When I was a little kid, my parents decided to move from the ‘Ford to C-Town. The move was all of about twenty miles and I honestly don’t know why they decided to move. Maybe it was because they knew Keystone Lake would be created in a few years and the ‘Ford would have to move anyway.
So one Father’s Day, Mom dropped Dad off at the lot they’d purchased in C-Town so he could dig the footing for our new house. Then Mom took Sister Debbie and me to visit her aunt and uncle outside of town. (And to keep us out of Dad’s way.)
I’m not sure who poured the foundation, but the Smith Brothers in Pawnee were the carpenters. Dad did some of the work himself like the wiring, and he and Mom did the painting.
I don’t remember a whole lot about it, but I remember the cases of Nehi Grape Pop Mom bought for us to drink. (Daddy liked it, too!) And cans of Redwood Rez they used to stain the outside of the house. (The empty cans were just the right size to be potties for two little girls, too. LOL!)
When we’d leave C-Town and head for the Ford, we drove on a road that rose and dipped to cross the bridge and reminded me of a small roller coaster.
On our way to the Ford where we still lived, we drove along the river road. I always knew we were almost there when I saw the big rock at the edge of the river. Daddy still calls it the Jesus Saves rock, because someone painted Jesus Saves on it some time.
I remember it as the horse rock. Same reason. <g>
The house we lived in with G & G was great. It had a bedroom right on the other side of the living room. The dining room opened off the living room, too, as well as a hallway that led to two more bedrooms and Dad’s office at the top of a very steep flight of stairs.
The first bedroom had a window that actually slid up to open into the hallway, because it had been part of another house (or maybe the entire house.) It was added to that house sometime before I came along.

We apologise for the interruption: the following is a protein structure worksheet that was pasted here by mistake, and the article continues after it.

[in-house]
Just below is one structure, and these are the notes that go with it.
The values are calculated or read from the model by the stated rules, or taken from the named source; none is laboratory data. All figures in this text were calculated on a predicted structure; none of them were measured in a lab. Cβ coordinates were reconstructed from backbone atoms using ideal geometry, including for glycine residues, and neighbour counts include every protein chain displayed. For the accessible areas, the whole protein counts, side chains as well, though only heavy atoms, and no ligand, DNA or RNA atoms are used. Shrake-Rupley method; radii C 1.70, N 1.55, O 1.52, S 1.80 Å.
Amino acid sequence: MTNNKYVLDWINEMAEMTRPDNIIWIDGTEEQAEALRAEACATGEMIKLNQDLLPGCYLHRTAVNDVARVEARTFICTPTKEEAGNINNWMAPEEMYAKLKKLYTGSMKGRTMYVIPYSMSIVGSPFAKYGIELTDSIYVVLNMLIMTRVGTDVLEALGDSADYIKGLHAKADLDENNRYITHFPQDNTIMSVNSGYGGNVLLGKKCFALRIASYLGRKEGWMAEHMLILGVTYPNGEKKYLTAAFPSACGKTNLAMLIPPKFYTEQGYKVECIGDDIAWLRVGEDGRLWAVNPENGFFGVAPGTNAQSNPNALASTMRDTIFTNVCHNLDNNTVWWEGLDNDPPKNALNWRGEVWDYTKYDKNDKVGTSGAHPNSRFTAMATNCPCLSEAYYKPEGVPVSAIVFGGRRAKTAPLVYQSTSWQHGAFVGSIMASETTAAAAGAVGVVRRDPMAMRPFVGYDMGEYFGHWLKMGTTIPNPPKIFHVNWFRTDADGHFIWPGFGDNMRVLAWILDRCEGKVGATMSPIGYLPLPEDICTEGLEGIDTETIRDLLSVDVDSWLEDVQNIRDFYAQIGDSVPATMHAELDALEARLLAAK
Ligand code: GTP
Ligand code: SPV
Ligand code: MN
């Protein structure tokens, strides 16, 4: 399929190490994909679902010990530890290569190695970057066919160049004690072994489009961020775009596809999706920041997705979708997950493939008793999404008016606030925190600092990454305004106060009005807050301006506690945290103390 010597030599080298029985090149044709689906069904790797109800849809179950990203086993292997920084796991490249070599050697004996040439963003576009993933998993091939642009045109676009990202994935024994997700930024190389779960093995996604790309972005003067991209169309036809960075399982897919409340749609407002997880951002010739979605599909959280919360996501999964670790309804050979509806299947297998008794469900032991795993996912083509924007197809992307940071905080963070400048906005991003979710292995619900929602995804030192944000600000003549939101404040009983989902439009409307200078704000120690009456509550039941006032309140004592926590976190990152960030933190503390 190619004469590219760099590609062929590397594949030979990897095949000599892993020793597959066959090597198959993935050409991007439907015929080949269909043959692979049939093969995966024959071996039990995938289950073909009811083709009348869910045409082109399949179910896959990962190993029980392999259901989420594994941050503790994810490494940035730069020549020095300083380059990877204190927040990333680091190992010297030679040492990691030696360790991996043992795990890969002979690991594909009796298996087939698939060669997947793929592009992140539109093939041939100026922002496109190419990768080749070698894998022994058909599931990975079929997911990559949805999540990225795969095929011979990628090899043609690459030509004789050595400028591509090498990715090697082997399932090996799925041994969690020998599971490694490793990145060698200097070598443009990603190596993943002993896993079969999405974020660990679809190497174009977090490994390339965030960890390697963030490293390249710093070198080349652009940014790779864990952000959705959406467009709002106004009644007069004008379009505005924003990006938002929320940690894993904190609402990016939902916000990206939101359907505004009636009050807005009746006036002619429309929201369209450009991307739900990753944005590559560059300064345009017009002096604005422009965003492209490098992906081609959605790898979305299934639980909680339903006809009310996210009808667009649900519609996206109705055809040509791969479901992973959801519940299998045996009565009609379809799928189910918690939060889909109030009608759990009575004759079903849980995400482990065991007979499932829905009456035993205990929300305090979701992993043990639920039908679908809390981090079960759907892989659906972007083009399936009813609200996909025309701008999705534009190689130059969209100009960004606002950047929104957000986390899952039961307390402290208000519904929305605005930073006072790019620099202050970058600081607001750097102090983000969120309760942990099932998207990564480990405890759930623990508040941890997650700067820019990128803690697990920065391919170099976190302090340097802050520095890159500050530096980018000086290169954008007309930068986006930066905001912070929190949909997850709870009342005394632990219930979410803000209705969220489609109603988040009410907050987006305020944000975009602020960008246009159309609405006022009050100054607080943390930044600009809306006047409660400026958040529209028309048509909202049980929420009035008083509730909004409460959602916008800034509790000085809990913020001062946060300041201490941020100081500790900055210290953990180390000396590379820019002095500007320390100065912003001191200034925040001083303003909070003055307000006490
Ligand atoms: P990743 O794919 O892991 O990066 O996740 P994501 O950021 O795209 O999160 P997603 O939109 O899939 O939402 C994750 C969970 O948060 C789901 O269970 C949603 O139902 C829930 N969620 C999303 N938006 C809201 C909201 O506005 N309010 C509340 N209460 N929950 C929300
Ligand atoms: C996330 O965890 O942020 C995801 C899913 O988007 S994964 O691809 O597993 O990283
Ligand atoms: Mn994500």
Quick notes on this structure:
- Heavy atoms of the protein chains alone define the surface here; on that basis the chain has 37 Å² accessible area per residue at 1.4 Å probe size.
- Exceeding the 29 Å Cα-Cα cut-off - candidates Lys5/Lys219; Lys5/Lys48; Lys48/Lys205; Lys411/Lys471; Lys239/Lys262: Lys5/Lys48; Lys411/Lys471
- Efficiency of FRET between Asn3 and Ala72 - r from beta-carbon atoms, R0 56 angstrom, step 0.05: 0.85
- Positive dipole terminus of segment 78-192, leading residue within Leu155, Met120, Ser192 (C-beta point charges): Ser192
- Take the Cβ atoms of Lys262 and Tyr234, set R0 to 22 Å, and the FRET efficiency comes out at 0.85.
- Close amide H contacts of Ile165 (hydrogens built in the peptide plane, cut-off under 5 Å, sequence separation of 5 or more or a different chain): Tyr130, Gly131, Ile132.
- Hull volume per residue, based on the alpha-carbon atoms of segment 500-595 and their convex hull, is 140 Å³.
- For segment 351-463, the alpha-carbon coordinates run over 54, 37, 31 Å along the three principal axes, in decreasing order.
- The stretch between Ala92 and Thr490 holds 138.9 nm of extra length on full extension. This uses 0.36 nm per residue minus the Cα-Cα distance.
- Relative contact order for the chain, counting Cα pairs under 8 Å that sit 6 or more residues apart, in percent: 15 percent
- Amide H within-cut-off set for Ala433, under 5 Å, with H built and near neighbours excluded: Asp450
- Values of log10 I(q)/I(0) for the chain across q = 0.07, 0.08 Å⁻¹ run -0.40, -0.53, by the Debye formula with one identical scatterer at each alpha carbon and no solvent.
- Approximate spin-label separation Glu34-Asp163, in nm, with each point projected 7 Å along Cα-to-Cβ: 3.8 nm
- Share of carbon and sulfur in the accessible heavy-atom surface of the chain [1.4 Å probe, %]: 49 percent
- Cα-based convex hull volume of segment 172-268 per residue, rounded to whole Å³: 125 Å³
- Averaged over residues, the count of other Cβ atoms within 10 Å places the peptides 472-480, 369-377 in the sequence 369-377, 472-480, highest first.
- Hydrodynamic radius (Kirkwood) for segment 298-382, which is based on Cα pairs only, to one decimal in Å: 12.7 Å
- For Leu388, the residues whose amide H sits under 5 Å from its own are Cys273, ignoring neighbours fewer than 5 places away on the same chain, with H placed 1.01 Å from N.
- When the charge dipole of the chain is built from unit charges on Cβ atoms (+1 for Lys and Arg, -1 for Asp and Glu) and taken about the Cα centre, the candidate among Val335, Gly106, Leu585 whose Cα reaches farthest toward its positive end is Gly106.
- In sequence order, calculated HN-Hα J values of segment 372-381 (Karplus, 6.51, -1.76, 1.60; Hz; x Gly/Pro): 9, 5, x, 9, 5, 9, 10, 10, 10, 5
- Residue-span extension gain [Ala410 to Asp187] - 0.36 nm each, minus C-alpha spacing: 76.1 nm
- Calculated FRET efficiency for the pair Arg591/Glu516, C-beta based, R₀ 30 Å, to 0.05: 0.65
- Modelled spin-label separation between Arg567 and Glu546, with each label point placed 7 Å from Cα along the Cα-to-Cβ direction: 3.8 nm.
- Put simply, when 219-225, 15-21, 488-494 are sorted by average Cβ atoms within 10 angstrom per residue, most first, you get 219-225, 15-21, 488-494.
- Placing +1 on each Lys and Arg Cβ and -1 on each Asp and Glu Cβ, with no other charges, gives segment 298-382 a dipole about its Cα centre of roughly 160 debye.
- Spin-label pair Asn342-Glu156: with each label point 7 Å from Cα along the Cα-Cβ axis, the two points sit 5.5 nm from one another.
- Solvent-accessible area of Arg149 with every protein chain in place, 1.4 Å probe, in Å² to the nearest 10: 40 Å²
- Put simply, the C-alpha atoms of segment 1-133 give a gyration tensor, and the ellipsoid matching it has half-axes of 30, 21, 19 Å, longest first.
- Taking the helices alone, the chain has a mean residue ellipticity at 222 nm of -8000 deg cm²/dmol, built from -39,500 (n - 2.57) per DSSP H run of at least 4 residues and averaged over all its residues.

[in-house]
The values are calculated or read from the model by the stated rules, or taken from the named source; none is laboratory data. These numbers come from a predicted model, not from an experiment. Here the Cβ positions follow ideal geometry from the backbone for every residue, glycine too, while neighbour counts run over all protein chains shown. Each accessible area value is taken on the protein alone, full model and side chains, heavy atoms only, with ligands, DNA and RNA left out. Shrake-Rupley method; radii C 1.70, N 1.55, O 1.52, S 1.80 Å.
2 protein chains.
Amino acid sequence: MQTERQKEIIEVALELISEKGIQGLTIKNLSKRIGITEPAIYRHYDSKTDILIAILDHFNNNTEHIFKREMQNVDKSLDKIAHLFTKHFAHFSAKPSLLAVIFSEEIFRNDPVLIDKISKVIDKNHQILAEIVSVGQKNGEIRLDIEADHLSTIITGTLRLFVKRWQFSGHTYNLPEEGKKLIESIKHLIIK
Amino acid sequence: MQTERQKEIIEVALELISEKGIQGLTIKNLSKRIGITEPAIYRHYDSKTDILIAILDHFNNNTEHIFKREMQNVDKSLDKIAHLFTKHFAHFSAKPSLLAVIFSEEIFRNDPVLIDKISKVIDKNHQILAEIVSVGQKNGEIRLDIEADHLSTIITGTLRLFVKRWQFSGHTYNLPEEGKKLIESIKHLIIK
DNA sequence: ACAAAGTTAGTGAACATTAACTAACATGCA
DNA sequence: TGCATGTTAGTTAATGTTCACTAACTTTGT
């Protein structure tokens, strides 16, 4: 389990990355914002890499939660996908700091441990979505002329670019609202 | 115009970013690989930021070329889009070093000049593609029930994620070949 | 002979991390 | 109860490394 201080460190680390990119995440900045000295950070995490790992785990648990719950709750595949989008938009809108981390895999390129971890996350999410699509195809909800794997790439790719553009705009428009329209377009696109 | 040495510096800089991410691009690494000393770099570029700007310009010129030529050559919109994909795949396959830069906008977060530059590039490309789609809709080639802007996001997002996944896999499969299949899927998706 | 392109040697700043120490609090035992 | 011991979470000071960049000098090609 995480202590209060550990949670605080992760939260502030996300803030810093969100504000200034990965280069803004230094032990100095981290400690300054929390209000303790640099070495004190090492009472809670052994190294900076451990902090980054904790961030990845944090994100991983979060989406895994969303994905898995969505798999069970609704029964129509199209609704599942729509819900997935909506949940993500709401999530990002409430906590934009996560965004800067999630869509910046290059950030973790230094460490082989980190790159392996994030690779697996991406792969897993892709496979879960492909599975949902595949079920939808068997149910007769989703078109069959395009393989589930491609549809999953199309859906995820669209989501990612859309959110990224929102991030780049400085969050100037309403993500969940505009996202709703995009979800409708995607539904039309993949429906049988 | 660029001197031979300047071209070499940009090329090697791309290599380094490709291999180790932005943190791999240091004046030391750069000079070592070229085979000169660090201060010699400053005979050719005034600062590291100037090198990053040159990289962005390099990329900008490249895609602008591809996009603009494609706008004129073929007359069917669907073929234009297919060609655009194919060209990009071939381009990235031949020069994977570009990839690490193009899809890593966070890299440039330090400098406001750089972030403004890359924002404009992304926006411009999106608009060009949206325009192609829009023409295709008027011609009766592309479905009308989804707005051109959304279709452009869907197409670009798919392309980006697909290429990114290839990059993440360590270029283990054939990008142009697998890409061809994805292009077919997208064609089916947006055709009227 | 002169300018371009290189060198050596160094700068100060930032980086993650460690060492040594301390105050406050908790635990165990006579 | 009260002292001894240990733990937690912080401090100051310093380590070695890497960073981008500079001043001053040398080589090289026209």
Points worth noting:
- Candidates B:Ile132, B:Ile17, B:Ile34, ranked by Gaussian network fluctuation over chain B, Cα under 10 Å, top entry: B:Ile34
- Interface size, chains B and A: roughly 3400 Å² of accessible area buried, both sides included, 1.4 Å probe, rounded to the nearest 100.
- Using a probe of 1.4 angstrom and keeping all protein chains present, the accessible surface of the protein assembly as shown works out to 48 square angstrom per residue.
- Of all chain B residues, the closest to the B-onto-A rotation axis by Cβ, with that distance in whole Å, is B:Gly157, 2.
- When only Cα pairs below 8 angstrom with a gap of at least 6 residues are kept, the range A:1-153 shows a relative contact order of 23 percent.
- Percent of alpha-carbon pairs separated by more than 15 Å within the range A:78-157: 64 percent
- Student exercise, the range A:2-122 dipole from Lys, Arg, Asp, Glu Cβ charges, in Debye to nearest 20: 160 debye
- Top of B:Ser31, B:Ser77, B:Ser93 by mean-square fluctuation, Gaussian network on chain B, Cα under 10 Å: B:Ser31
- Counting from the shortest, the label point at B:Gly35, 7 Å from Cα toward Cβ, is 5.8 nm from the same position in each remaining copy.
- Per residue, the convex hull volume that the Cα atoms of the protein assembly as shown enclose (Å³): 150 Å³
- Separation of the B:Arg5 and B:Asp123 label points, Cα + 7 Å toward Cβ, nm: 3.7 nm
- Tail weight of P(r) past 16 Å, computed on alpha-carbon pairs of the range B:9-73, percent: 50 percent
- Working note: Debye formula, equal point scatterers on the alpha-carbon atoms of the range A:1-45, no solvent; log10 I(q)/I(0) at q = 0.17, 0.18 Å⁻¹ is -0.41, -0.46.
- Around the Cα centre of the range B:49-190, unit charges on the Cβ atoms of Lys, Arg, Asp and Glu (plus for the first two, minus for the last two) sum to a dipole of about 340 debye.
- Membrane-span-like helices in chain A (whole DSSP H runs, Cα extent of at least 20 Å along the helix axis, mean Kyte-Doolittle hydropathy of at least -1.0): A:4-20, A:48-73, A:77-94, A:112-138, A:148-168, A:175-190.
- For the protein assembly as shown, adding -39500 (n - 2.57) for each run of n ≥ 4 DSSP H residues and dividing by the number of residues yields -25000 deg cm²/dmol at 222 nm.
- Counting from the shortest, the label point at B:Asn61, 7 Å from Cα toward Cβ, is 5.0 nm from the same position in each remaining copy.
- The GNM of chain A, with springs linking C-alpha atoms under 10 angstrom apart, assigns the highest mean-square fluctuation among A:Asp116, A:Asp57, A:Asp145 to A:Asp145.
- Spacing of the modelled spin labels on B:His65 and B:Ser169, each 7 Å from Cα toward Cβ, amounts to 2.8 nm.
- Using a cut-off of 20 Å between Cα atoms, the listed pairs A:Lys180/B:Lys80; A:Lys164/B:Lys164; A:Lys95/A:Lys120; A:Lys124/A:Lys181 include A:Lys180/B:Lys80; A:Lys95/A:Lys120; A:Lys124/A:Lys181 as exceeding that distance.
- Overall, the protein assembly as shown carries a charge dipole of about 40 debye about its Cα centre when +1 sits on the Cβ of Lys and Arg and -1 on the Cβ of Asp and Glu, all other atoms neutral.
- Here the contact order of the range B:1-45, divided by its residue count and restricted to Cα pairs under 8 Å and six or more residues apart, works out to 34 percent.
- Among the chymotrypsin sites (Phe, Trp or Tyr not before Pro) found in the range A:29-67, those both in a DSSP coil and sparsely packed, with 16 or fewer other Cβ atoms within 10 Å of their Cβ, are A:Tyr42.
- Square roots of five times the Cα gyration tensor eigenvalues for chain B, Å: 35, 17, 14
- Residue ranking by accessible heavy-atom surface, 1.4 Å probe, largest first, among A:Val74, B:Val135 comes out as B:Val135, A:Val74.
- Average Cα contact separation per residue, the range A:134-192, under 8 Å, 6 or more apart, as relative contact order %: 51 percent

If I remember right, the house was either three or four buildings put together. 🙂 It might have been noticeable to someone else, but as a kid, it was just lots of fun. I remember the washer being in the bathroom along with a huge claw foot bathtub. (Wouldn’t I love to have that today!)
And the bed Mama, Daddy, Debbie and I slept in was really a pair of twin beds pushed together. (Debbie made it a habit of falling down in the crack.)
My favorite thing to do on a rainy day (when I couldn’t run in the pasture and get cockle burrs tangled in my hair) was to sit on the porch swing on the big front porch. I could swing it really high as long as Grandmother didn’t come outside. Sometimes that swing went to the moon with me on it, and other times it went to far away lands, such as California and Kentucky.
On Saturday night, the cousins, aunts and uncles all came to Grandmother’s to watch Gun Smoke on TV. (Only G & G had a TV back then.) I remember sitting in the dark, the light from that little screen the only thing in the room to see by. The kids sat on the floor while the parents carried chairs from the dining room to sit on after the couch and wingback chairs were full.
Were families closer then? Maybe. A couple of years after we moved to C-Town, G & G built a house next door to us and lived there until they died.
Now only one son lives in the ‘Ford. Many of the cousins live in C-Town. Of course, the cousins are all grown up and have kids and grandkids (many of them, anyway) of their own.
The river road is gone, I think. At least the river is gone. It became Keystone lake back in the ’60’s. And if the Jesus Saves rock is still in one piece, I imagine it’s gone under a ton of mud.
The original ‘Ford is gone, but the wonderful people and their hardy spirits are still very present in the people who lived and loved in that great place.
I’m really not sure trading the town for a fifty-year-lake was a good bargain.